As I argue in my new book, Libya has long been a source of disagreement in trans-atlantic relations. In 1986 President Reagan fell out with most European countries over his decision to authorise a bombing raid on the country. A decade later President Clinton imposed punitive sanctions on the Qaddafi regime only to find that his European allies refused to follow suit. When President George W. Bush fixed his sights on Tripoli after intervening in Iraq, there was, again, an absence of support from this side of the Atlantic.

European states have differed with America over how to respond to the behaviour of dictators such as Qaddafi. They shared US abhorrence of his sponsorship of terrorism and desire to obtain weapons of mass destruction, but they advocated a different approach. Instead of isolating Qaddafi, European governments, such as France, Germany and even Britain, sought to engage with him in an effort to reintegrate Libya into the international mainstream.

America has tended to regard the European approach as hypocritical. They judged that European policy was driven by commercial interests, namely the opportunity to pick up lucrative Libyan contracts. Washington saw Libya as one more example of a Europe overly dependent on the US for the provision of security but unwilling to make commercial sacrifices.

It is against this backcloth of trans-atlantic differences over Libya that the current crisis is being played out. It is ironic that the US was reluctant to be drawn into the Libyan crisis, yet found itself reacting to a Franco-British initiative.  European calculations were altered by the experiences of regime changes in Tunisia and Egypt. The chance to remove Qaddafi has been seized upon and the fear of watching the rebellion crushed was a catalyst for action. The change in America’s calculations stem from its reluctance to be drawn into conflict in yet another Muslim country. This unwillingness is multiplied now that Libya no longer represents a strategic threat to US interests.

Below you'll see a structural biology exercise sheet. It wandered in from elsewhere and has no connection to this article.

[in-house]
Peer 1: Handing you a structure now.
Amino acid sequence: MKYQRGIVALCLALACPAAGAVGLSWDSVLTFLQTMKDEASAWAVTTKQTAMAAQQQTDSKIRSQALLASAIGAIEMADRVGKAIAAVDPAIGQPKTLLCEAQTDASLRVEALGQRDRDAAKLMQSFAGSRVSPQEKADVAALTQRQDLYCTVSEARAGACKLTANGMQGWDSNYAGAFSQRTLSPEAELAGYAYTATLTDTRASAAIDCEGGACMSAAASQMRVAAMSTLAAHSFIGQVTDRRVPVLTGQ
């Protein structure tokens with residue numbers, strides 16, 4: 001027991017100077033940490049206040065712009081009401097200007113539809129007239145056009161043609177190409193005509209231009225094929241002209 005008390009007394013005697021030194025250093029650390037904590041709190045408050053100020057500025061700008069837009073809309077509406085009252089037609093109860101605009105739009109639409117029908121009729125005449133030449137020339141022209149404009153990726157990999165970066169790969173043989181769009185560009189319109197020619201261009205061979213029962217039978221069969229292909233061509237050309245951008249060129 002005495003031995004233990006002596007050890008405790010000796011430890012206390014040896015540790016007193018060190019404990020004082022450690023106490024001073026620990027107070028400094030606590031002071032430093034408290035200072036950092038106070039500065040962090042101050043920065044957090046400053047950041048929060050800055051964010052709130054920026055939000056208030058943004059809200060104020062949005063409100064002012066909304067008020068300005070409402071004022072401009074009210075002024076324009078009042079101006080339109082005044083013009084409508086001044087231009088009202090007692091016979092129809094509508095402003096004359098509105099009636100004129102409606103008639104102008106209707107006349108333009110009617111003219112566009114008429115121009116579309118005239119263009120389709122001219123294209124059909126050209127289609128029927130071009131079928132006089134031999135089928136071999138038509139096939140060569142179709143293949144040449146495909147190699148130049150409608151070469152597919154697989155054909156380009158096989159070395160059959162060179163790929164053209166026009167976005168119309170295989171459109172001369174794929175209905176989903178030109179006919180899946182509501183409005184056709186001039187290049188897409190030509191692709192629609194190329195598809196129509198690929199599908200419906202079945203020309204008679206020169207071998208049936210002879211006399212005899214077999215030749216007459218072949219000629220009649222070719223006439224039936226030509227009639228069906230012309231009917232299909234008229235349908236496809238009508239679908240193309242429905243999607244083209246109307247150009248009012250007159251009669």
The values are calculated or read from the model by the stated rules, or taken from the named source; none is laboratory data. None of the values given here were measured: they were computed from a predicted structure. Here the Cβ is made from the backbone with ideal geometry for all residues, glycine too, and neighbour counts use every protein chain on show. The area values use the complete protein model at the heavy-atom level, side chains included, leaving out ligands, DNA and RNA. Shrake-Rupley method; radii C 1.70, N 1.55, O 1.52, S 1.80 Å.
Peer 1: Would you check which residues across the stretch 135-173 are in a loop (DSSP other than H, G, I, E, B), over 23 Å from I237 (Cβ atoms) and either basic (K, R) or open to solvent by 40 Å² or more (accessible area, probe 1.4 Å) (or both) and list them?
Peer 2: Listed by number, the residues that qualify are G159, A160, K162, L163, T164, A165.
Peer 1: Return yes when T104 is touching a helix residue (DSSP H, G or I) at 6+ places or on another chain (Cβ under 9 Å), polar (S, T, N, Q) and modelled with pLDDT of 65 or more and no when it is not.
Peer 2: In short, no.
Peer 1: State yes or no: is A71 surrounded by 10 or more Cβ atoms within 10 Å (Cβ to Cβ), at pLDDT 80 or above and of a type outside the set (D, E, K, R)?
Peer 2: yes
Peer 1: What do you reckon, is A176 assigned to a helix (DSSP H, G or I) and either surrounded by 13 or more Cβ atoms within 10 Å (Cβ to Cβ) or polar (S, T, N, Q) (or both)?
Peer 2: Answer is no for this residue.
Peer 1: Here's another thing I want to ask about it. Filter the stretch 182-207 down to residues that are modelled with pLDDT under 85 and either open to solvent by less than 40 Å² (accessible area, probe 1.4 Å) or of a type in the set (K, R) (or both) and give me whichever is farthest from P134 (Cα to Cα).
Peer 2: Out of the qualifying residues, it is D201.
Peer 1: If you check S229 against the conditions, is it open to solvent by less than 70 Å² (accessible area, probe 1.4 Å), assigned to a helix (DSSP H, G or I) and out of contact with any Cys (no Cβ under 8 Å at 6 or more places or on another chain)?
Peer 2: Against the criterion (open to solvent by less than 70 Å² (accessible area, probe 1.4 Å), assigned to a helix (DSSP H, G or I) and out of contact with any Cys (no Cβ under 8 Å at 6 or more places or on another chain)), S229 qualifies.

The US has been eager to hand over command of the intervention to NATO. The operations carry both military and political risks because the objectives of the UN Resolution are open to interpretation and the crisis within Libya may degenerate into stalemate. It is unclear how well the coalition will hold together in the midst of these uncertainties and the US wants to minimise its exposure.

But US withdrawal will not bring an end to trans-atlantic tension. European countries have shifted uneasily as the US moves to the sidelines. In the recent past Europe has wanted superpower leadership in situations where military force is involved. If the rebellion in Libya falters, or if the coalition’s military operations go awry, it is quite conceivable that Europe will implore the US for assistance.

Diplomatic channels between Washington and European capitals are likely to remain lively for the foreseeable future.

Wyn Rees